Malawi’s ruling Democratic Progressive Party (DPP) notorious youth cadets have warned journalists covering the case of l former agriculture minister, George Chaponda, who faces graft charges over a procurement contract with neighbouring Zambia, saying they will be attacked.
The DPP rough necks in the presence of party Regional Governor fo South, Charles Mchacha MP, threatened the journalists covering Chaponda’s bail hearing at Blantyre Magistrate Court.
Threatening the journalists, the DPP cadets were overheard saying: “ Mujambula chnai? Tiphwanya zimenezo, Ndife owe aja azikwanje aja [Why are yoy taking pictures? We will break your cameras. We the same panga-wielding gang].”
They added: “ Mumati mutani inuyo, watulukabe bwana [you thought the boss would remain in custody, he’s out now.].”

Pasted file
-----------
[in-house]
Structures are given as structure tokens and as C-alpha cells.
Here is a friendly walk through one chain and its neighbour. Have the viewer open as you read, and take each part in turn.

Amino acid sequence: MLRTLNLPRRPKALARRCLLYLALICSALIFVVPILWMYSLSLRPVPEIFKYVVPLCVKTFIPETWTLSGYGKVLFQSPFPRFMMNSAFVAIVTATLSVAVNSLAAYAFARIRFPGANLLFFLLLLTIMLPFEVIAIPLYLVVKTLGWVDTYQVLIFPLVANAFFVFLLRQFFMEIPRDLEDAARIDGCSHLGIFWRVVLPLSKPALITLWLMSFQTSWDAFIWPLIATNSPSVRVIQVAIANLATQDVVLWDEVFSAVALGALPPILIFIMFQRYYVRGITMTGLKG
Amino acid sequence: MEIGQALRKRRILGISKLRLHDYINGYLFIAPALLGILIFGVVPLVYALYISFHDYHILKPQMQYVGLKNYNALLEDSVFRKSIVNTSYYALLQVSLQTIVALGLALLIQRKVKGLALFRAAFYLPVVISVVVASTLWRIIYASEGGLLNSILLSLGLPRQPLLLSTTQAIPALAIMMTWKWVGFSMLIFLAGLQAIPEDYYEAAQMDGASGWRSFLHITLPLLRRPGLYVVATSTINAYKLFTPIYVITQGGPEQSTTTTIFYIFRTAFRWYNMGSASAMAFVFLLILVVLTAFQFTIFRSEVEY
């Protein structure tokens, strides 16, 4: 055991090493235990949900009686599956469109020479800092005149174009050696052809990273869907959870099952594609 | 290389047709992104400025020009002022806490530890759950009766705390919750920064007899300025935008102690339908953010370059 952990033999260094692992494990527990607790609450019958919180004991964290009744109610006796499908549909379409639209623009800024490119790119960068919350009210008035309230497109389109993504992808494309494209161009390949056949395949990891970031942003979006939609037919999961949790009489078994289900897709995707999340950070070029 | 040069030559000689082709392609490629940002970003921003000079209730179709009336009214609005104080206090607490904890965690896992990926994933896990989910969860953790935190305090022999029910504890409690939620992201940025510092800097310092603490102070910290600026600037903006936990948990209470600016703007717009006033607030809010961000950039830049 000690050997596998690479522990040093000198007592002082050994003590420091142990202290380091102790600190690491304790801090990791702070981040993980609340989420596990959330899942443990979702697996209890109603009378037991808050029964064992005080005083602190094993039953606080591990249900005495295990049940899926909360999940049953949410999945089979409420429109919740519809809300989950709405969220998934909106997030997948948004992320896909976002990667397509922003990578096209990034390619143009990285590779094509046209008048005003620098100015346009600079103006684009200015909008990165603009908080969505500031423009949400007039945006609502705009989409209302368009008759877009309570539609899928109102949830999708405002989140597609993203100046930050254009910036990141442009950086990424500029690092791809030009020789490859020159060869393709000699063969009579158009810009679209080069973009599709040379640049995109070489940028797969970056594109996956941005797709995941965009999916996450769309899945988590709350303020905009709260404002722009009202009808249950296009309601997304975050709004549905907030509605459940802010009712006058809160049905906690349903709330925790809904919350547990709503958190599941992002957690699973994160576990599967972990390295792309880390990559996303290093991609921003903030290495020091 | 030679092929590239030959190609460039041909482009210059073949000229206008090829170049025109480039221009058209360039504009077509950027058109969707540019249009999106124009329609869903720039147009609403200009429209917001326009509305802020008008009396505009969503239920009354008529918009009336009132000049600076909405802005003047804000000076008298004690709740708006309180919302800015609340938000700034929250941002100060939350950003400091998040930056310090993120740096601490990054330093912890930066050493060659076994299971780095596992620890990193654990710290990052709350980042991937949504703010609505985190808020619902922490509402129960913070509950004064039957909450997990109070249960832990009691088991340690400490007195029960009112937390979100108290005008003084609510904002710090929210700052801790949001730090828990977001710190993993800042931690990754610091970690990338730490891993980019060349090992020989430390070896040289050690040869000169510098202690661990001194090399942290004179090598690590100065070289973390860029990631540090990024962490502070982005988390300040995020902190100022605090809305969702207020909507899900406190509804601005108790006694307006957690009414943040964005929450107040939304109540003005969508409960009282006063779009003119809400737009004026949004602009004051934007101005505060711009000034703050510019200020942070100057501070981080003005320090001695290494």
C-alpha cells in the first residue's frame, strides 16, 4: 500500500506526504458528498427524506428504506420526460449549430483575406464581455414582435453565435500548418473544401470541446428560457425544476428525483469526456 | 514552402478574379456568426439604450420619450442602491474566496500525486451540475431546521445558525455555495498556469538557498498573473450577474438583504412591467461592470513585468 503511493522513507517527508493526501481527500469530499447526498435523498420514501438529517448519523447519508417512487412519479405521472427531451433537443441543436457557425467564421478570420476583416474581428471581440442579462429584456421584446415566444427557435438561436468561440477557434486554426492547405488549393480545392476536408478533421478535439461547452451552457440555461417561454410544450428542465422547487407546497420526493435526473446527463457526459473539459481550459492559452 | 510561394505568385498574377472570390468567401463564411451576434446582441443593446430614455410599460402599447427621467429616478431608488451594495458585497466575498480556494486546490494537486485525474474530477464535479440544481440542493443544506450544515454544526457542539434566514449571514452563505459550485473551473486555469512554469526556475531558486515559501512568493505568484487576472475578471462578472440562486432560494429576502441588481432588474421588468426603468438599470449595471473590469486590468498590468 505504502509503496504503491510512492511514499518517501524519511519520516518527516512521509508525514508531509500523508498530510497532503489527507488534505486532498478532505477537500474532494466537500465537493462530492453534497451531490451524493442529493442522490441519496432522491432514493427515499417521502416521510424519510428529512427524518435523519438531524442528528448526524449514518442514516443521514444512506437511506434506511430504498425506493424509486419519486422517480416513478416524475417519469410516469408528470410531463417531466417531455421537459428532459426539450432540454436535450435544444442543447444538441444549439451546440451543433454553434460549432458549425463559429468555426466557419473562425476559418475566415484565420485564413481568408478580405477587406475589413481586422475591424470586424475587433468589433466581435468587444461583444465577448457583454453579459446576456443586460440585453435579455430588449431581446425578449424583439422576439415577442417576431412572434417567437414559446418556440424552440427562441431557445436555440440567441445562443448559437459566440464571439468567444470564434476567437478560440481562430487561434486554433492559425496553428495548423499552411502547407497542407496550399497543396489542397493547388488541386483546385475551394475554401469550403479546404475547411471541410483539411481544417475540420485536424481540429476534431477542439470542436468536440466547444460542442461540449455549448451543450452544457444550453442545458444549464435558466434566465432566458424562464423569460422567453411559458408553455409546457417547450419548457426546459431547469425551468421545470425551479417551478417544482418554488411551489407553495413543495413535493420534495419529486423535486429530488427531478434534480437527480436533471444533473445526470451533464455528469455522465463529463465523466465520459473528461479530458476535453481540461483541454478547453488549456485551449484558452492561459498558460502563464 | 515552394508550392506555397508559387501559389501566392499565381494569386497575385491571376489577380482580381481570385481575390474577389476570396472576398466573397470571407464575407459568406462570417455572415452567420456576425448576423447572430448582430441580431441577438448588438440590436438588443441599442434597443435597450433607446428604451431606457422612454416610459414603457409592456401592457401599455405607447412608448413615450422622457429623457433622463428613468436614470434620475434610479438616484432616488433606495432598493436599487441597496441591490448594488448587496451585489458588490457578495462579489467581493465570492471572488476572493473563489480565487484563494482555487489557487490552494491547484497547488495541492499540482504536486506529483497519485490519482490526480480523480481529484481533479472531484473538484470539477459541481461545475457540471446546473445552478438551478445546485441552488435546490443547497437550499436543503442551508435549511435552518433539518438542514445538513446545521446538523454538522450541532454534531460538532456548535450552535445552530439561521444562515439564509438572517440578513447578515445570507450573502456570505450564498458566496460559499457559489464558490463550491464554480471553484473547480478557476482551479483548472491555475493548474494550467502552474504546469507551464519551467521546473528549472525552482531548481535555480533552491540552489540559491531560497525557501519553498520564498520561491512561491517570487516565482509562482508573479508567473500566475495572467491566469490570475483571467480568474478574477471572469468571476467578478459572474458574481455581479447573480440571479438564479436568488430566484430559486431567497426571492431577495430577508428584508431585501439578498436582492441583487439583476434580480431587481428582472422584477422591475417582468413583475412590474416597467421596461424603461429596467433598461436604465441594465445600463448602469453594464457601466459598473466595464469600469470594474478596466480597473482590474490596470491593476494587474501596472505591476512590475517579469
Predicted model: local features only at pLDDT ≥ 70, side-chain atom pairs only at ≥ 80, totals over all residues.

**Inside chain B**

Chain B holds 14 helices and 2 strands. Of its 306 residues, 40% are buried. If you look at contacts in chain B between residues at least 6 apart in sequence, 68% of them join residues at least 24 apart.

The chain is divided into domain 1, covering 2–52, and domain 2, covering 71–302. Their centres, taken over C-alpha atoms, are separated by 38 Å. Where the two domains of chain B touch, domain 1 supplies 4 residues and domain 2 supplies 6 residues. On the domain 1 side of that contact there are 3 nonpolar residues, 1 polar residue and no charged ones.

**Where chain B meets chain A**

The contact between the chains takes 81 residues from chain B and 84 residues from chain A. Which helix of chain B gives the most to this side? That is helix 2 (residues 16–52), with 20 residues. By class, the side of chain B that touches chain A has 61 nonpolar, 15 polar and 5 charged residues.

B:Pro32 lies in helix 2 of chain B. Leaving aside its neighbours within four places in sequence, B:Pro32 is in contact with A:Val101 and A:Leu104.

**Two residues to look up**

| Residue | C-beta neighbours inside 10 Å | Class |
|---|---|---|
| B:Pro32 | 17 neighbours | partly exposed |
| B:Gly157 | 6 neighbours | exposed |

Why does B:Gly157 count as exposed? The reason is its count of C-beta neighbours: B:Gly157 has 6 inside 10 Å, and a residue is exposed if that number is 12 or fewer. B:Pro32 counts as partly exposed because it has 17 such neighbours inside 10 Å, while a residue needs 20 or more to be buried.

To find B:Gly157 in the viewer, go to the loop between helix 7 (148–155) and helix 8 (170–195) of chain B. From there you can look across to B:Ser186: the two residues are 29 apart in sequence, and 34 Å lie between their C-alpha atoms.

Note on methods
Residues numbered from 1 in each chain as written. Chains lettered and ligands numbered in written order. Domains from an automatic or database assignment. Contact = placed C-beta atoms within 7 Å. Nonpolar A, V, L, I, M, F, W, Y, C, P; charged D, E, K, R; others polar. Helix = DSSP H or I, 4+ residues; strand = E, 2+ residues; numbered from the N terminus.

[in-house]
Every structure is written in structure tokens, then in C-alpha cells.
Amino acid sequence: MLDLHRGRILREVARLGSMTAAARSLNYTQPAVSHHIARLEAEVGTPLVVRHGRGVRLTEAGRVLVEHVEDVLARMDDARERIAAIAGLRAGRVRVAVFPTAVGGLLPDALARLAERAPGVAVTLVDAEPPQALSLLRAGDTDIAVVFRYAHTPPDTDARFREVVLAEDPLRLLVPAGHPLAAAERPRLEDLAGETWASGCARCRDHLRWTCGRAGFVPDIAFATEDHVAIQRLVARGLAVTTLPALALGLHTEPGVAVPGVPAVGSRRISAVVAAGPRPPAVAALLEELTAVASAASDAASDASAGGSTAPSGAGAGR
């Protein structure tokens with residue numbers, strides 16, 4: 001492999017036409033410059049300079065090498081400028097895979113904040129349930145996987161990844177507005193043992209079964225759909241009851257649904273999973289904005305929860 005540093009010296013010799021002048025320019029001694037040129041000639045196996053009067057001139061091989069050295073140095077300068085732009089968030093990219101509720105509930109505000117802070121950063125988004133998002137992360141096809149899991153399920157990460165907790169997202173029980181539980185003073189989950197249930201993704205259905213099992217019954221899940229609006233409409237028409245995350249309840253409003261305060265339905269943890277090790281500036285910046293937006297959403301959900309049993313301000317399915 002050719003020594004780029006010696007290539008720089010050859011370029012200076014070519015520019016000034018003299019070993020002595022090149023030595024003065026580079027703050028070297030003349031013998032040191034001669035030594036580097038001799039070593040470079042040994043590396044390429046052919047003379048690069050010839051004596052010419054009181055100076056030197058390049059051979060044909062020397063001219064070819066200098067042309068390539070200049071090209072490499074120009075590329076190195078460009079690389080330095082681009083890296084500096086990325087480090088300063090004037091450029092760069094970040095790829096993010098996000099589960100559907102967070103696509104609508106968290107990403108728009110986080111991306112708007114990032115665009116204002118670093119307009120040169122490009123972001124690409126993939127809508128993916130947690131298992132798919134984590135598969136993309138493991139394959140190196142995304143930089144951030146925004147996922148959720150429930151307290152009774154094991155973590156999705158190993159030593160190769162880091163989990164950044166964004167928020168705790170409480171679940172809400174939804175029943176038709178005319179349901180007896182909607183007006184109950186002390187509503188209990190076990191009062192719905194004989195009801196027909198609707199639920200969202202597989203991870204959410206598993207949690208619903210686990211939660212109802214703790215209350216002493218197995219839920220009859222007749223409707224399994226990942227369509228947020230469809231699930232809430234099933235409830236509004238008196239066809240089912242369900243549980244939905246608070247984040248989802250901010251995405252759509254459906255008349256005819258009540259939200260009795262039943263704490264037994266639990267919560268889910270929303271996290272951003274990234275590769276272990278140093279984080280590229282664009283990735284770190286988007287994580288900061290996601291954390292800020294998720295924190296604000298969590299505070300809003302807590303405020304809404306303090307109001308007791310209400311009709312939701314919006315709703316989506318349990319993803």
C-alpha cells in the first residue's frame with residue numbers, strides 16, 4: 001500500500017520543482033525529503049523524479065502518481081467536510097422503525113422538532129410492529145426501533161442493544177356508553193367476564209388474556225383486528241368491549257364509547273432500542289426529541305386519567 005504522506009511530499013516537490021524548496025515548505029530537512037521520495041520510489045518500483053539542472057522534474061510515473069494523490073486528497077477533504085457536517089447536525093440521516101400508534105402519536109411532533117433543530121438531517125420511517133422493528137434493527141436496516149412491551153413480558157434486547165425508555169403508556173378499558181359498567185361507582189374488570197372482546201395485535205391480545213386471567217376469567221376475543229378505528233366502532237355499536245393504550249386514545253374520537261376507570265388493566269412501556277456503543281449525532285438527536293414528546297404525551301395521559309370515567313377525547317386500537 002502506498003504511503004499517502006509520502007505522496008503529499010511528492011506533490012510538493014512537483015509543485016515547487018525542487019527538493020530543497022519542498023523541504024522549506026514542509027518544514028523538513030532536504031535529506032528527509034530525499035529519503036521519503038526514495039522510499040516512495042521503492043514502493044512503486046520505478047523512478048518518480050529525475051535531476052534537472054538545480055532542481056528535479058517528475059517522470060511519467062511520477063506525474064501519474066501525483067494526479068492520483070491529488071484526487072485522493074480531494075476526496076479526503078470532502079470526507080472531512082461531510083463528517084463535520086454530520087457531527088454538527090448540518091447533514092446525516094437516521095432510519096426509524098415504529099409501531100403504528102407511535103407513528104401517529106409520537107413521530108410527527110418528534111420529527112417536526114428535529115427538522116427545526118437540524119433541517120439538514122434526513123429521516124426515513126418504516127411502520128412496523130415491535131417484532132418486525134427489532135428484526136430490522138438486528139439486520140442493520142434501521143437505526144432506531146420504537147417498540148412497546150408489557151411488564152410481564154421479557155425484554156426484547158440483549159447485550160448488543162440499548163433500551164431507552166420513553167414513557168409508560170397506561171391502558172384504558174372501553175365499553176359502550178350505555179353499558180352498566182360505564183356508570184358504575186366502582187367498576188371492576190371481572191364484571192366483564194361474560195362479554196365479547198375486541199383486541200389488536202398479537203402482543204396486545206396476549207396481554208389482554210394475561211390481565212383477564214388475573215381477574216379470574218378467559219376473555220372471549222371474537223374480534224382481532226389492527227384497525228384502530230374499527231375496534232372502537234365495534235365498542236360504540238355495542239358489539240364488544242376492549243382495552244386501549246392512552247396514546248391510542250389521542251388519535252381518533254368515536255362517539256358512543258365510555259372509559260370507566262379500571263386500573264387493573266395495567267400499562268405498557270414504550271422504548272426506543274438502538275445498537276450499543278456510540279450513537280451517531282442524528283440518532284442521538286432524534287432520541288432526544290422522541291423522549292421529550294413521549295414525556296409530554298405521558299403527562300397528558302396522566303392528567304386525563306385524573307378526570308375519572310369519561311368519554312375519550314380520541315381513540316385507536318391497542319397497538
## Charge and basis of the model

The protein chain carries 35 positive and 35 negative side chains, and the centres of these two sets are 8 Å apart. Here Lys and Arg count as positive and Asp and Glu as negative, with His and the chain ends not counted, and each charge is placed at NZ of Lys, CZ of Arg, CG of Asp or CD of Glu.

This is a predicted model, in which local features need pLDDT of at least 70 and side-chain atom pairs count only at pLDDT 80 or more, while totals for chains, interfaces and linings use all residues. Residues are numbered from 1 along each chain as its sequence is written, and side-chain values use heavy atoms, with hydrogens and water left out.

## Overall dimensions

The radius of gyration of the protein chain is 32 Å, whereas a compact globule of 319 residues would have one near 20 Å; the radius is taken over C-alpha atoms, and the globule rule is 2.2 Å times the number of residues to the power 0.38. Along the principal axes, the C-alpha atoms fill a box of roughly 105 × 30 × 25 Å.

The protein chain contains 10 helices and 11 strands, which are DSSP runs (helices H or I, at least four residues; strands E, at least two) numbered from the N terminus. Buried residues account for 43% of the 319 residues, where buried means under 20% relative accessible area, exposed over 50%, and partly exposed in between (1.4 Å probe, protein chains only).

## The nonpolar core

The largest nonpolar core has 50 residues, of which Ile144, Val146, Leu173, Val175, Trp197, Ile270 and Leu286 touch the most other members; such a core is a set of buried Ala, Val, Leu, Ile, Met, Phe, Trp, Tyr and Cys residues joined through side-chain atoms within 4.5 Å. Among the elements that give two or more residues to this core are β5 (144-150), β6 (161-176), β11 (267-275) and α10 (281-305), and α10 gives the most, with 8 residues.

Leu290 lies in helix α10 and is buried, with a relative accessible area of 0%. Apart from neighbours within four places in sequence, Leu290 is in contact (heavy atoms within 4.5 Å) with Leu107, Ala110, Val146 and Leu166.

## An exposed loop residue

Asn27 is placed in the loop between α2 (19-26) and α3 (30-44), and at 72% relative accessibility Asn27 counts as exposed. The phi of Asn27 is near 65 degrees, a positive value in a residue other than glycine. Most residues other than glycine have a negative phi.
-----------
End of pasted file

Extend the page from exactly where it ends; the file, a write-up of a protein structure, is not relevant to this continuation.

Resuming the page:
The Panga-wielding gang are known for their notoriety when they threatened protestors on the streets of Blantyre a day before the July 20 2011 anti-government demonstrations.
The gang of machete-wielding youths took to the streets in DPP branded vehicles and stopped at several points, got out their vehicles and sharpened their pangas. They chanted the DPP war-cry in Malawi’s lingua franca, Chichewa: “Onyoza boma sagona, timpweteka! (“Those opposing government will not sleep, we will deal with them!”).
Chaponda, 74, was arrested by Anti-Corruption Bureau (ACB) officers in the southern city of Blantyre on Tuesday over his role in the procurement of emergency food from Zambia last year.
He accused Malawians of condemning him for doing what he thought was for the benefit of starving Malawians.
Chaponda, who is DPP vice-president responsible for its Southern Region stronghold, could not face the journalists after being branted bail as he was evacuated out of the courtroom through the entry restricted to Magistrates.
Malawi President Peter Mutharika in January ordered an investigation into a $34.5 million government maize order, after a Zambian opposition leader said he had seen documents showing Malawi had been charged $345 per tonne for 100,000 tonnes of Zambian white maize worth $215 a tonne.